When it comes to working with XML in Perl, you have almost five hundred CPAN modules to choose from, each supporting various aspects of integrating Web services. In addition, the Perl core library includes several modules to support XML. This article focuses on one of the earliest and most frequently referenced core modules, XML::Parser.

XML::Parser lineage
The original Perl XML parser, XML::Parser::Expat, was written several years ago by Larry Wall and has since been maintained by Clark Cooper. The module is an interface to the Expat  XML parser written in C by James Clark, which has been adopted by several scripting languages.

Expat is an event-based parser, meaning certain conditions trigger handling functions. For example, a start or end tag will trigger the appropriate user-defined subroutine. The XML::Parser module was built upon the Expat functionality for general use.

Note that Expat does not validate XML prior to parsing and will die when an error is encountered. But these limitations help make the XML::Parser module extremely fast.

XML::Parser in brief
Anybody can write an XML parser in Perl. After all, you’re merely processing text that comes in an expected format. But since the XML::Parser module is written in C, it’s much more efficient than any purely Perl implementation you could come up with. And it’s already been written for you, so you can spend your time doing something more useful, as Larry Wall would put it.

XML::Parser’s Expat functionality allows you to define the style of parse you want to use. The most commonly used styles are Tree and Stream. The Tree style processes your XML input and creates nested hashes and arrays that contain the elements and data from your file. You can then manipulate this structure as you’d like. The Stream style breaks the parse into stages, processed at the start of an event. To use the Stream style parse, you must define handlers when you instantiate the module and associate them with user-defined subroutines that describe what is to be done when the event is encountered.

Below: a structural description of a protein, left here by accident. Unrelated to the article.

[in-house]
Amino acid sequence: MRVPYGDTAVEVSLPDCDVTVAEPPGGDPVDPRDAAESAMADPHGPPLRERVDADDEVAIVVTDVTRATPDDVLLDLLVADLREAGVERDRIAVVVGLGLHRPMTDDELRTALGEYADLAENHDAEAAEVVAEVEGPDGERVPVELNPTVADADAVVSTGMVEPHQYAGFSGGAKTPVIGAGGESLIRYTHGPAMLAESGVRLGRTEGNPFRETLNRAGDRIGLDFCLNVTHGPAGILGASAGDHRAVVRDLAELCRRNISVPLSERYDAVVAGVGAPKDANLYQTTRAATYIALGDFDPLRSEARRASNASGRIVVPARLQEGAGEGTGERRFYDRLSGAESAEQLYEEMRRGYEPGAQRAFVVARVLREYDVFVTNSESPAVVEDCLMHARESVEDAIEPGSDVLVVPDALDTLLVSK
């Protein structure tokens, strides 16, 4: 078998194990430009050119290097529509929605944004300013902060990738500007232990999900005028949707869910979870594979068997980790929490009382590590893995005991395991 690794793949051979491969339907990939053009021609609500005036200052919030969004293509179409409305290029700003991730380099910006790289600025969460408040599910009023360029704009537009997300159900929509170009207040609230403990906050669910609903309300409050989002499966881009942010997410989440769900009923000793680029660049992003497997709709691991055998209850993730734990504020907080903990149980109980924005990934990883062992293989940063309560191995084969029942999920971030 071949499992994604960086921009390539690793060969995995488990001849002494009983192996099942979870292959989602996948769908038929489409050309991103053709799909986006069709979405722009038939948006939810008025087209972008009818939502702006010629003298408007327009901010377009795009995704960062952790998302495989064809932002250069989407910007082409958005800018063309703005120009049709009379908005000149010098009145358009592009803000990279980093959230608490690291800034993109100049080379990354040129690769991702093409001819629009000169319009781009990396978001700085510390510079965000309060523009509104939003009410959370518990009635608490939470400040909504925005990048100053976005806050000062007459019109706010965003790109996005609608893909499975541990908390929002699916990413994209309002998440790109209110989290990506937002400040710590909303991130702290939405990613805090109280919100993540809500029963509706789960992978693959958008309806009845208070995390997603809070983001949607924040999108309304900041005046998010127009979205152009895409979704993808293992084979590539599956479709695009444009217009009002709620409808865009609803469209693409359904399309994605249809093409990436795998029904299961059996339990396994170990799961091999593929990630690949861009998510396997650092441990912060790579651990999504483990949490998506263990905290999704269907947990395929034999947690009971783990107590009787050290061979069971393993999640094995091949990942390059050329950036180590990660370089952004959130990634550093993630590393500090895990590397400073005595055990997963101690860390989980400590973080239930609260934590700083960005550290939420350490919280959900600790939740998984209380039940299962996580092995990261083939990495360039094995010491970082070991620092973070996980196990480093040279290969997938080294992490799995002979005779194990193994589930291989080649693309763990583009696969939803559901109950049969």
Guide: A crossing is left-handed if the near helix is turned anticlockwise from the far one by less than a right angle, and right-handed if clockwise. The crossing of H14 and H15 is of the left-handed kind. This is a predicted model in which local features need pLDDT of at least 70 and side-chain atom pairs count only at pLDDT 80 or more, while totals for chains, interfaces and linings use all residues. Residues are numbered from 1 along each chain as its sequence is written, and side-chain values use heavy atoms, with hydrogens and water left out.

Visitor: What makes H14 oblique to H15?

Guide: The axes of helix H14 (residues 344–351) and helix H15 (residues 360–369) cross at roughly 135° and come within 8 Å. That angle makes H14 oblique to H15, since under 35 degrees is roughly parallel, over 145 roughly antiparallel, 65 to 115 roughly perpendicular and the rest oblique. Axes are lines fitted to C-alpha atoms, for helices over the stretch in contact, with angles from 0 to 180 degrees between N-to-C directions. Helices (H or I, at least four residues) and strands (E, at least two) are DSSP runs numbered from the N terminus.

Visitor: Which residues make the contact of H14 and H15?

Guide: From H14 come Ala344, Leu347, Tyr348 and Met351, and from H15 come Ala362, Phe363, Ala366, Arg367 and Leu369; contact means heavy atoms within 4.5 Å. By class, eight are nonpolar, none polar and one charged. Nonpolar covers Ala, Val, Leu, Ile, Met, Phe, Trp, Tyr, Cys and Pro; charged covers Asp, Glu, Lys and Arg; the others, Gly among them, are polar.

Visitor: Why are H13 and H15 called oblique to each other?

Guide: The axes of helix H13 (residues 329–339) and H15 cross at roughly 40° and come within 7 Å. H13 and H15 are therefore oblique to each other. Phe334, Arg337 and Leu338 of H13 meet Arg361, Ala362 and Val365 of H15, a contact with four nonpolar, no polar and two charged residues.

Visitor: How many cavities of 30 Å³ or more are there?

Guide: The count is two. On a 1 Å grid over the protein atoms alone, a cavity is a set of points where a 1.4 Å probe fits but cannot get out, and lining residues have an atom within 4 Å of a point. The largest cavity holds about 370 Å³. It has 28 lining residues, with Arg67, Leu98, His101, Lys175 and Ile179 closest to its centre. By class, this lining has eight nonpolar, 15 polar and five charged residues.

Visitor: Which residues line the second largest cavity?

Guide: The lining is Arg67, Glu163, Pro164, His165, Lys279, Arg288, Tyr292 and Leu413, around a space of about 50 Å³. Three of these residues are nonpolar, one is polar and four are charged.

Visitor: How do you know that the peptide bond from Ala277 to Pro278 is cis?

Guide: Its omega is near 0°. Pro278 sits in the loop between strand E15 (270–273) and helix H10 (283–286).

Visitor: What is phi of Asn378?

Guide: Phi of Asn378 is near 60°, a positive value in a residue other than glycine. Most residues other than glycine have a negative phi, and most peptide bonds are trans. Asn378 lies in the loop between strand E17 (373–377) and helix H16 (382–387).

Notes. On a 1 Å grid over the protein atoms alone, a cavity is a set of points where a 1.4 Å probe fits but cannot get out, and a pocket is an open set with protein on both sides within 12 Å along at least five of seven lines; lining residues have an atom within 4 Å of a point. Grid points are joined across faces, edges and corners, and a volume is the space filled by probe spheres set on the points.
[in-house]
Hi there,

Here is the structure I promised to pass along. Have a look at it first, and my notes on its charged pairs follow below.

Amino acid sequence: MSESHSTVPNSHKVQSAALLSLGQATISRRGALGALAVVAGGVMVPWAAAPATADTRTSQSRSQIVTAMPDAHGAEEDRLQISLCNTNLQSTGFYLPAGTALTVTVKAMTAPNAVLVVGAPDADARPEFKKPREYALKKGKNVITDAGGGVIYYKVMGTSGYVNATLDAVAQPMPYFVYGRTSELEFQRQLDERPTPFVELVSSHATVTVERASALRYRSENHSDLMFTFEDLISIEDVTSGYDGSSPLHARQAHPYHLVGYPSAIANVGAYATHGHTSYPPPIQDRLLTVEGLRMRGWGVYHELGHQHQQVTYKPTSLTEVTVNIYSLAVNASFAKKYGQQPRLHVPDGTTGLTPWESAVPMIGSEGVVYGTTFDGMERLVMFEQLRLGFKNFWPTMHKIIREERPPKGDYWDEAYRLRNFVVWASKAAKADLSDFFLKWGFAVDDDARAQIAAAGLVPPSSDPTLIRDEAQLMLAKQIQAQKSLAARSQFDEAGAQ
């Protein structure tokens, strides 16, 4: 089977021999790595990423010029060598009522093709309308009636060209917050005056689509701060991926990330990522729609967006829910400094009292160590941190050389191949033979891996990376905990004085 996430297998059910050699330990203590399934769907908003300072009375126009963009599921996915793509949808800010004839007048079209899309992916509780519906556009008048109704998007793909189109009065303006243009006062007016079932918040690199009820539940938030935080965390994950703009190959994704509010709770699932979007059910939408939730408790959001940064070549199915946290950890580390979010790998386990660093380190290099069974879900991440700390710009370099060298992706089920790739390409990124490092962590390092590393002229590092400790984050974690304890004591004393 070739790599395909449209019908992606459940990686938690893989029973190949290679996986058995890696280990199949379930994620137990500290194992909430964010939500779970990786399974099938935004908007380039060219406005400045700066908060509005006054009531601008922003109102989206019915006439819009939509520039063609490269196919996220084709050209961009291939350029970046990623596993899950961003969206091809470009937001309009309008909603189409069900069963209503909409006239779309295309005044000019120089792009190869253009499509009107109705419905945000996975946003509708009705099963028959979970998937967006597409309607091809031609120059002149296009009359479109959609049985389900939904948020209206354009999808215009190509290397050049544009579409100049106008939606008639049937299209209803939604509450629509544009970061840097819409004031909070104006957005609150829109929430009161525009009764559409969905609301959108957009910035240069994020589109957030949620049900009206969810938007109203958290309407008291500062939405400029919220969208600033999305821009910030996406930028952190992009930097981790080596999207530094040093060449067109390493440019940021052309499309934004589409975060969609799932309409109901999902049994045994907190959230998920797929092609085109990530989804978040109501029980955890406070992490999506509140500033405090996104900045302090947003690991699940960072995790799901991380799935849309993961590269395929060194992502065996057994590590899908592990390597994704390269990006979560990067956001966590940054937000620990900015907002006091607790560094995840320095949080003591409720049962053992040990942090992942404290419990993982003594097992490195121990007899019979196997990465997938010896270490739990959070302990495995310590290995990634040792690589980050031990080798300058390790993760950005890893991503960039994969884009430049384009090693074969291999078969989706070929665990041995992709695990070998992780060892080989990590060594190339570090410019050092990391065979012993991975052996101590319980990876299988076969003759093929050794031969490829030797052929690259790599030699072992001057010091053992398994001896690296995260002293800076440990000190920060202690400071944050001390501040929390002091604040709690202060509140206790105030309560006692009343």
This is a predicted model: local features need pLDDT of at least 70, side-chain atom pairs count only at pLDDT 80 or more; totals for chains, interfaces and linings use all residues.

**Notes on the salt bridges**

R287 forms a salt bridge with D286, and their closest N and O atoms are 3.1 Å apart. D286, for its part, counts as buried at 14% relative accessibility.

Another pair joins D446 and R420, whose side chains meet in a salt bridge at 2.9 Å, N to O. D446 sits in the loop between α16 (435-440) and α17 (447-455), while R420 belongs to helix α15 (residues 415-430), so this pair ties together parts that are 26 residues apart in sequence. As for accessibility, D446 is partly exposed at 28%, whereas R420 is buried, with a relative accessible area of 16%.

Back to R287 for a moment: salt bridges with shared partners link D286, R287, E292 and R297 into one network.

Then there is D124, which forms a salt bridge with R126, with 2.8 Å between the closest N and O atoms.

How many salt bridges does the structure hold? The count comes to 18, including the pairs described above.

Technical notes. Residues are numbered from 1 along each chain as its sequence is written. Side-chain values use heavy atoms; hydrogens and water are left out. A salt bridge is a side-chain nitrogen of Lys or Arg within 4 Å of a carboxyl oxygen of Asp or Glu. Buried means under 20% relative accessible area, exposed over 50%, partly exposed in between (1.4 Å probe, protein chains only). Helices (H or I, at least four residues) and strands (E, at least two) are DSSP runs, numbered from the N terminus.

Other types of styles include Subs, which allows you to define functions specific to a type of XML tag, Debug, which displays the document to standard output, and Objects, which is similar to the Tree style but returns objects. You can also set a custom style by defining a subclass to the XML::Parser class.

A Streamlined example
For this example, I’ll be using the XML::Parser class to create a Stream style parse. I’ll walk through a simple script that will parse an XML file to standard output. You can see the script (xmlparse.pl) in Listing A, and the XML file (data.xml) in Listing B. In this case, I chose not to parse the URL element since this is a command-line script. To execute the script, at the command prompt, type:
perl xmlparse.pl data.xml

The script first references the appropriate module:
use XML::Parser;

Next, it grabs the file from the command-prompt input:
my $xmlfile = shift;
die “Cannot find file \”$xmlfile\””
       unless -f $xmlfile;

The script sets some initial variables:
$count = 0;
$tag = “”;

Then, it creates our parser instance:
my $parser = new XML::Parser;

Now, we define our event handlers. I included handlers for start tags, end tags, and character data. Purely for the sake of example, I also included a default handler, which will parse everything not explicitly covered by the other event handler definitions. If you plan to discard additional data, the default handler will execute automatically without requiring a definition.